Just back from the WESC Foundation Pub Quiz which we did not win. Here is a list of things which we, 6 grown adults under the banner ‘University Challenged’ did not know:
- Who’s only published work was ‘The Limelight’
- What Tallin looks like
- The name of Hermione’s cat
- What Helsinki looks like
- The year of the first Academy Awards
- What Nadine Dorries looks like
- Who married Eleanor of Aquitaine
- What Valletta looks like
- Which Dickens novel features a cricket match between Muggleton and Dingley Dell
- The name of that woman who got caught smuggling drugs last year
- The Scottish island with the largest populations of Gannets
- What Stockholm looks like
- Which black and white film featured Spats Colombo
- The name of the captain of England’s Ashes winning women’s cricket team
- What Budapest looks like.
- Or Prague
- Or Lisbon
Does it matter that between us, when we rubbed our brains together, we could not generate enough light to illuminate these facts? I don’t think so. I’m not bad at quizzes, and for a long time i’ve been storing essentially useless, or at least non-life-altering, information in my head to no great purpose. These last few years I’ve started to feel that there really is only so much room in there and for everything new that goes in, it does seem like at least one old fact has to make way. So I’m forgetting stuff and not sucking up so much new stuff. So what.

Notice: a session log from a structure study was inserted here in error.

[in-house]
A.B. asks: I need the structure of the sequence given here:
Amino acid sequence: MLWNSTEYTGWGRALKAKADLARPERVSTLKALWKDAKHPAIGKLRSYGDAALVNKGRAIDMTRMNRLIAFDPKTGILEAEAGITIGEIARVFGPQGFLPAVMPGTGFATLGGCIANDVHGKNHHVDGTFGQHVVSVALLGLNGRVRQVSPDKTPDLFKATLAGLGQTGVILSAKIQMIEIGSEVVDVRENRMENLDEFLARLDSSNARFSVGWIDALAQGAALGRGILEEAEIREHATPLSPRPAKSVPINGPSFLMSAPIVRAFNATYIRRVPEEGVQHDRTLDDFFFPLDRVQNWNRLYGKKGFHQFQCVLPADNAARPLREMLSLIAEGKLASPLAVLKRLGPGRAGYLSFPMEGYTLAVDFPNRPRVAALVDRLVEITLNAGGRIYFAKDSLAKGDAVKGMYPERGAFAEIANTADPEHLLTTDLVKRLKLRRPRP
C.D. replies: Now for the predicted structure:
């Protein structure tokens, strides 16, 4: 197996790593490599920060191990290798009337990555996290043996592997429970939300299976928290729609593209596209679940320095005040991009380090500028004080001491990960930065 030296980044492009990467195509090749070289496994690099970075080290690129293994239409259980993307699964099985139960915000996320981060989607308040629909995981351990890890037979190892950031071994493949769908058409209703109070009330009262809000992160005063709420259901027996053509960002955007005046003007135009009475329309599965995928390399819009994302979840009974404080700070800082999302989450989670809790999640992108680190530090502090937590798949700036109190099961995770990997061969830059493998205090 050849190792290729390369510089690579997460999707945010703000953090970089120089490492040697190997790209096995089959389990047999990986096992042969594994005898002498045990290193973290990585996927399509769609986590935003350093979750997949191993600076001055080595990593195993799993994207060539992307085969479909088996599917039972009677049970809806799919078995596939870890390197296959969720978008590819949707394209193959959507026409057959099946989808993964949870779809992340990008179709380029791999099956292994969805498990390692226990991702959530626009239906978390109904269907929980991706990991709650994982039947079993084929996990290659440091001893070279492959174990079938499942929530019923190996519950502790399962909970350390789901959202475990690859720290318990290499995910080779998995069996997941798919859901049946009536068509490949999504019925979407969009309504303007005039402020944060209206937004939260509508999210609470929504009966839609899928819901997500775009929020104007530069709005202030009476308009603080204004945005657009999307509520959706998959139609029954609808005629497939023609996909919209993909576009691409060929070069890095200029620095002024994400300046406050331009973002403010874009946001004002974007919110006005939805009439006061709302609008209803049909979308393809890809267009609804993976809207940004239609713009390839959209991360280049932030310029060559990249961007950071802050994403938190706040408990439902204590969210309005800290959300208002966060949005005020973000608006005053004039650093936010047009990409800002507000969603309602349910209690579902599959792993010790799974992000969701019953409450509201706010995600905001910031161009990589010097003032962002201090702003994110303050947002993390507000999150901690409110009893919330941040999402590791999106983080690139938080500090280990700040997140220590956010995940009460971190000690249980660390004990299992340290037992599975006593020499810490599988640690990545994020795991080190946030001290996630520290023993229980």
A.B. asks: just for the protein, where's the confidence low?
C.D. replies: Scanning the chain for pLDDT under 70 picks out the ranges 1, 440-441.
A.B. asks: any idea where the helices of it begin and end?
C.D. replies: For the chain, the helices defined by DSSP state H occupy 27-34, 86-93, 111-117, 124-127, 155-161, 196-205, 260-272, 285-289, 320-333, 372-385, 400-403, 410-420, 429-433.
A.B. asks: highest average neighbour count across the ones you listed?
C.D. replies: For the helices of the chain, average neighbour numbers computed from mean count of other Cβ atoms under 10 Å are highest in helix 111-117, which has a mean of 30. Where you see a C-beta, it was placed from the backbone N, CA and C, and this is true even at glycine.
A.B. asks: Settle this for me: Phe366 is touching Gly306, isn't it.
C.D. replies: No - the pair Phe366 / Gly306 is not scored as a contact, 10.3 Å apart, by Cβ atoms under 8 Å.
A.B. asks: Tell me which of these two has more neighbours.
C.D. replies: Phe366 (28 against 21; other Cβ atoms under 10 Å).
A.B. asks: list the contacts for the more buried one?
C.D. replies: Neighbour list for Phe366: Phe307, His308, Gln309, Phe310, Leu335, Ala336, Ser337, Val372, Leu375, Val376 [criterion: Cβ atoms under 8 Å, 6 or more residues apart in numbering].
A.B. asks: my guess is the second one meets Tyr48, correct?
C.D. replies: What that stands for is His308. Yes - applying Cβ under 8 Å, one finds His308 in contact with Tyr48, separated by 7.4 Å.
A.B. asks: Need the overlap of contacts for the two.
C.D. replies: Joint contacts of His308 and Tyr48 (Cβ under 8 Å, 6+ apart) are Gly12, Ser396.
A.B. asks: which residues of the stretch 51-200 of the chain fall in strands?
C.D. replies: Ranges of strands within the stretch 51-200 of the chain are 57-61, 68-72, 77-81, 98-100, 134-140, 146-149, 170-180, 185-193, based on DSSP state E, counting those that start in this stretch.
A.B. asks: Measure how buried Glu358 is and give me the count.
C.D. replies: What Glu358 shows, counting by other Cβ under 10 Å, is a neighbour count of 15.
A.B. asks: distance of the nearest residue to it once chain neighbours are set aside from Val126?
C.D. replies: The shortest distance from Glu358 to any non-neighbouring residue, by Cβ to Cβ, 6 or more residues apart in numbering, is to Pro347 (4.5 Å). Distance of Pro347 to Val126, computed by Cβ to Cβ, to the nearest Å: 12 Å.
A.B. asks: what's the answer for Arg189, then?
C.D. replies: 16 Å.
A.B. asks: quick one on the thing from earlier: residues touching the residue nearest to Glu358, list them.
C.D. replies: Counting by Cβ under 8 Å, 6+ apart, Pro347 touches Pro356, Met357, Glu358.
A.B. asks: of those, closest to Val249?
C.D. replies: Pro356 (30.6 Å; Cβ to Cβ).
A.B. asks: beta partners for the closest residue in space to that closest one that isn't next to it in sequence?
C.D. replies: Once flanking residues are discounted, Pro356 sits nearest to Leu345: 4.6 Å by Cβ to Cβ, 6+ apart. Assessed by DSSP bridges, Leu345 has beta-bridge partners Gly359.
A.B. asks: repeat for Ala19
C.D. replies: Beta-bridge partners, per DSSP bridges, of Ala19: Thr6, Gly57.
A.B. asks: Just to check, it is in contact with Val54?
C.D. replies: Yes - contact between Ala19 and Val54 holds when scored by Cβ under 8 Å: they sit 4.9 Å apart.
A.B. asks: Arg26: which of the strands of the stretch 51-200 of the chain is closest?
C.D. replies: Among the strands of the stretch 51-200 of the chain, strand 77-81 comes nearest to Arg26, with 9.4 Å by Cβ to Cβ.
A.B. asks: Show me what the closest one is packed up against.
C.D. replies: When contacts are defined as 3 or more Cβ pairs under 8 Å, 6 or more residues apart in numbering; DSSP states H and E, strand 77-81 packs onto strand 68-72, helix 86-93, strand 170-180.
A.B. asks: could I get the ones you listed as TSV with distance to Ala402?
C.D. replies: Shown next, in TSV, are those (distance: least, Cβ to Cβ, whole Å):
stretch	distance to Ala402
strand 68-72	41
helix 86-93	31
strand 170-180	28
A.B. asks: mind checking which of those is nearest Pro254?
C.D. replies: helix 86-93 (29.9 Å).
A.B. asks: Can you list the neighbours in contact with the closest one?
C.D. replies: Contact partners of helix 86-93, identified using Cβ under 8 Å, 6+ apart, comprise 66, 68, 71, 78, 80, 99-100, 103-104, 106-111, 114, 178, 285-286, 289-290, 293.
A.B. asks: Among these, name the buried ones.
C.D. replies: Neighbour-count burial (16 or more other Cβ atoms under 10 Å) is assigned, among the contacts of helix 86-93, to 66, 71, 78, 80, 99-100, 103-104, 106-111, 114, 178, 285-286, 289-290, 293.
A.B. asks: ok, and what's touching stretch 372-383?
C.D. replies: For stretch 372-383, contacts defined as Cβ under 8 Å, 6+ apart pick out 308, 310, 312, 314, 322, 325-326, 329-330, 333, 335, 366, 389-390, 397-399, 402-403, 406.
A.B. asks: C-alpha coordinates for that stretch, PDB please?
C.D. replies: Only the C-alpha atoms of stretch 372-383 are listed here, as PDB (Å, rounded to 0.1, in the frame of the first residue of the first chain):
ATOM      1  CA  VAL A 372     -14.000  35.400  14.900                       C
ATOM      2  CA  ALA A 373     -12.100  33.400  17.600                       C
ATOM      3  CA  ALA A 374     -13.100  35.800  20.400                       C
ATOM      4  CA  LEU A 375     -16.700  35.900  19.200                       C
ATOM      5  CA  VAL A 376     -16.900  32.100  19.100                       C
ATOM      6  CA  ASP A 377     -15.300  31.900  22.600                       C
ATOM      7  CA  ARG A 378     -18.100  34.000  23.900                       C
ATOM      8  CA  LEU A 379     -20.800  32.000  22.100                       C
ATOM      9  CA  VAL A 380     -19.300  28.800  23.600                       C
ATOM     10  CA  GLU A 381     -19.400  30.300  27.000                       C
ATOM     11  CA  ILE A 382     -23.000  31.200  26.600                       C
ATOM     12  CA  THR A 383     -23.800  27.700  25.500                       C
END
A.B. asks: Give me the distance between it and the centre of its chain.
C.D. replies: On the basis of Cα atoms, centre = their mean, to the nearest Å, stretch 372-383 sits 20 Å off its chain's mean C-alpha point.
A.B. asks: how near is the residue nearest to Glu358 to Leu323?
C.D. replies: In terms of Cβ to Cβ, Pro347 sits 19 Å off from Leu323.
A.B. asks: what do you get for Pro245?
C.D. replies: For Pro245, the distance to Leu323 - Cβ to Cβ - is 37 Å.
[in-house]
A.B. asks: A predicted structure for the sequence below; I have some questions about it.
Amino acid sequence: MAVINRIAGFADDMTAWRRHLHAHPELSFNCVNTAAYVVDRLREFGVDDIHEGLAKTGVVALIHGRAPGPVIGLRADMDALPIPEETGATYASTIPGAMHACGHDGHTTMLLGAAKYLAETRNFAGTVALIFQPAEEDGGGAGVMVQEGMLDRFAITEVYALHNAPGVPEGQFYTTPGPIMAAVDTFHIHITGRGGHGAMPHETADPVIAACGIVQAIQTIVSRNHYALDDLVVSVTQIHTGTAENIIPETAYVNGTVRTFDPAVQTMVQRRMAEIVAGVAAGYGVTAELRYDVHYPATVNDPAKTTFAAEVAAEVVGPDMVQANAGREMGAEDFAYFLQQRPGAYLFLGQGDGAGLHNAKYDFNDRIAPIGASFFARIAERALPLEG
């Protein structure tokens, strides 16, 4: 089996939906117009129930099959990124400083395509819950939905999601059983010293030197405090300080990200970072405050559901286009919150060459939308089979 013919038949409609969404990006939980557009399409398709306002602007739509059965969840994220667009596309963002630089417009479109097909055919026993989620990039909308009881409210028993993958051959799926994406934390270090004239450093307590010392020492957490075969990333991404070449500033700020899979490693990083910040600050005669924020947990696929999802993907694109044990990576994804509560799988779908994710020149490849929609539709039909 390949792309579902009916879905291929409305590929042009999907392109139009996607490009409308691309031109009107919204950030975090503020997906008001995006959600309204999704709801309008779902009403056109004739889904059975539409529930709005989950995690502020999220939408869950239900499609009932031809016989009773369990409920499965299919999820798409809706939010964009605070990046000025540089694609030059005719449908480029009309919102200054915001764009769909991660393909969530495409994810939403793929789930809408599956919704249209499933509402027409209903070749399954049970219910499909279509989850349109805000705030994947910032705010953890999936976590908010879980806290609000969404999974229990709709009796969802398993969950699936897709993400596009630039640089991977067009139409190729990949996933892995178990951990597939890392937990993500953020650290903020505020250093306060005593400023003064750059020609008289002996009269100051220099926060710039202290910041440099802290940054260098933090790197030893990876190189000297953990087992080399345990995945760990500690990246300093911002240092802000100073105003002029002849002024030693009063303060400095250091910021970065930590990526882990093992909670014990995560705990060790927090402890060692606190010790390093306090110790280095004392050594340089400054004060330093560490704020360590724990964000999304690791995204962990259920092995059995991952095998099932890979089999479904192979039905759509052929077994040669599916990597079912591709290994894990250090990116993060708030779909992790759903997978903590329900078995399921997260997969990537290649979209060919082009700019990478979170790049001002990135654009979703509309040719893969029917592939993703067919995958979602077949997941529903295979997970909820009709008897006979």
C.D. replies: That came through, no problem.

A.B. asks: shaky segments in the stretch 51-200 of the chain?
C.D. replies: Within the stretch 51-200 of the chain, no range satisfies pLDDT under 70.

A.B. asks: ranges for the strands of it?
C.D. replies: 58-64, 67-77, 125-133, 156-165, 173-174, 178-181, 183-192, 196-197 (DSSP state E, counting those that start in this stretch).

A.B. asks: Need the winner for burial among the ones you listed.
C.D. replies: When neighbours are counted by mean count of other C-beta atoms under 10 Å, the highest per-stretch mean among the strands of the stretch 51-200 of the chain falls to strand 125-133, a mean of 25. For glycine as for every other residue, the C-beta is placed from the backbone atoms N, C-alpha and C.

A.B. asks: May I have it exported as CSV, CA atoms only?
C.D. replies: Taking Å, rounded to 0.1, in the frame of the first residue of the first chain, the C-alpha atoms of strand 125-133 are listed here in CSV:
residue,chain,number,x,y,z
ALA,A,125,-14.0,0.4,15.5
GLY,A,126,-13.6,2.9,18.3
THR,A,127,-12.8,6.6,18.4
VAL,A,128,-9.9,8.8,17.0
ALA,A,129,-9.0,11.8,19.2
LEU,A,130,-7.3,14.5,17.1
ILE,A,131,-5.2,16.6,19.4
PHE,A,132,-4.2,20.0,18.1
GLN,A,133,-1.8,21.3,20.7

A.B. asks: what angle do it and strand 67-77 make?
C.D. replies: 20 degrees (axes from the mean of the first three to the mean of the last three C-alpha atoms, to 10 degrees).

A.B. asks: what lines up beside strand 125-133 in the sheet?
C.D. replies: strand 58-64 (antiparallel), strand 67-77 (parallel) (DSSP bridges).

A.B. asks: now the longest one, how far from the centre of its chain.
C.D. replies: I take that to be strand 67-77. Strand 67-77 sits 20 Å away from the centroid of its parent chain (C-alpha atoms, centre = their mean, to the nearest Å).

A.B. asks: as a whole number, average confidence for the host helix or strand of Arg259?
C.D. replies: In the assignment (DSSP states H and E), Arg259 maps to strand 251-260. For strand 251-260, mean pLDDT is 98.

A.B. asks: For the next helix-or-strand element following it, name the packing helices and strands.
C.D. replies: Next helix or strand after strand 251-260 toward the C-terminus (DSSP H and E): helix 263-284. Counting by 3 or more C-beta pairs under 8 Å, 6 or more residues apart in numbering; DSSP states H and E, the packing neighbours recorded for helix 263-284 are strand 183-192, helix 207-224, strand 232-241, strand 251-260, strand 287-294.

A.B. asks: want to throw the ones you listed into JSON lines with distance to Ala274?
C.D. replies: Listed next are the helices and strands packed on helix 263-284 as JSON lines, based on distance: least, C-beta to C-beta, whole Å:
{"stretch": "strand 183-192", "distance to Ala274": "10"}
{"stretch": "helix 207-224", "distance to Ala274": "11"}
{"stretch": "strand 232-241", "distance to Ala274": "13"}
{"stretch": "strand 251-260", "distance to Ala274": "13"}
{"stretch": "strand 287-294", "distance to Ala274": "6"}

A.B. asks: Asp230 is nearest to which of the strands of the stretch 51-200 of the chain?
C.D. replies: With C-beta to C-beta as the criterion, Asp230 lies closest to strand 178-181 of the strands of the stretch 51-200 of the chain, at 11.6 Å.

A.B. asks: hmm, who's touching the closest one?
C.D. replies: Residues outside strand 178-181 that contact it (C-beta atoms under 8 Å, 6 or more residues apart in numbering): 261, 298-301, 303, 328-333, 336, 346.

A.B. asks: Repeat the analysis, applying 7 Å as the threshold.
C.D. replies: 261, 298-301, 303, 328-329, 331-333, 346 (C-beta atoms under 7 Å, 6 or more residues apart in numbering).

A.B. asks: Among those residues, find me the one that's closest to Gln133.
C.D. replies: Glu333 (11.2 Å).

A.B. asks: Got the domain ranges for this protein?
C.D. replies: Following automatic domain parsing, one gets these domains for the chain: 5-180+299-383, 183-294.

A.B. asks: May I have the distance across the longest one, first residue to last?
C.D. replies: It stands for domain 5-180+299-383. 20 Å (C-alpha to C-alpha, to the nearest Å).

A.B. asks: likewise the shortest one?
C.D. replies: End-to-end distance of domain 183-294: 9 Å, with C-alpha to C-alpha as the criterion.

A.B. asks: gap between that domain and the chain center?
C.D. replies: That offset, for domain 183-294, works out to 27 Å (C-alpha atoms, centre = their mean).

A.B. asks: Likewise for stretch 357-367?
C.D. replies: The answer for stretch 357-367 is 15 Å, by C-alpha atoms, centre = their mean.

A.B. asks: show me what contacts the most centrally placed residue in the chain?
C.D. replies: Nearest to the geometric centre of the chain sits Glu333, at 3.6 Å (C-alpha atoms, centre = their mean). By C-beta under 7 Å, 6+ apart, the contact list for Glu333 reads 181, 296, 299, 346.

More importantly, I think the fun of these occasions comes not from knowing, but from not knowing or, ideally, nearly knowing.
When I play football, I get pleasure from doing good things and from seeing other people pull off impressive feats. But what I really love, what gives me an electric bolt of pure joy, is when someone, myself included, attempts something impressive and gets it so wrong in such a simple fashion, that they must immediately question what on earth they are doing there and by the way what is this game you’re playing – I’ve never seen it before. I get such a kick from seeing someone accidentally chip the ball over the high fence for no reason whatsoever that I can never contain my laughter. I think some of them think i’m a total arse.
So it is with quizzes. The real joy is in bumping up against that impenetrable barrier of what you do not know. The best are those you know you should know, that any reasonably intelligent person just must know. But you don’t. And you know you don’t. In those moments you come face to face with your limitations and you look into the eyes of people who share them. You realise you’re all the same, all limited, and you laugh.
I can’t remember much from the quiz which only finished an hour ago. I can’t say I’ll remember Charlie Chaplin’s only novella or what Nadine Dorries looks like, but the sight of team-mate Paul squaring up to what he thought the opening bars of Ellie Goulding’s version of ‘How Long Will I Love You?’ sounded like will live with me for some time, along with our suggestions for what the ship in ‘The Perfect Storm’ may have been called (“probably ‘Lucky’?”).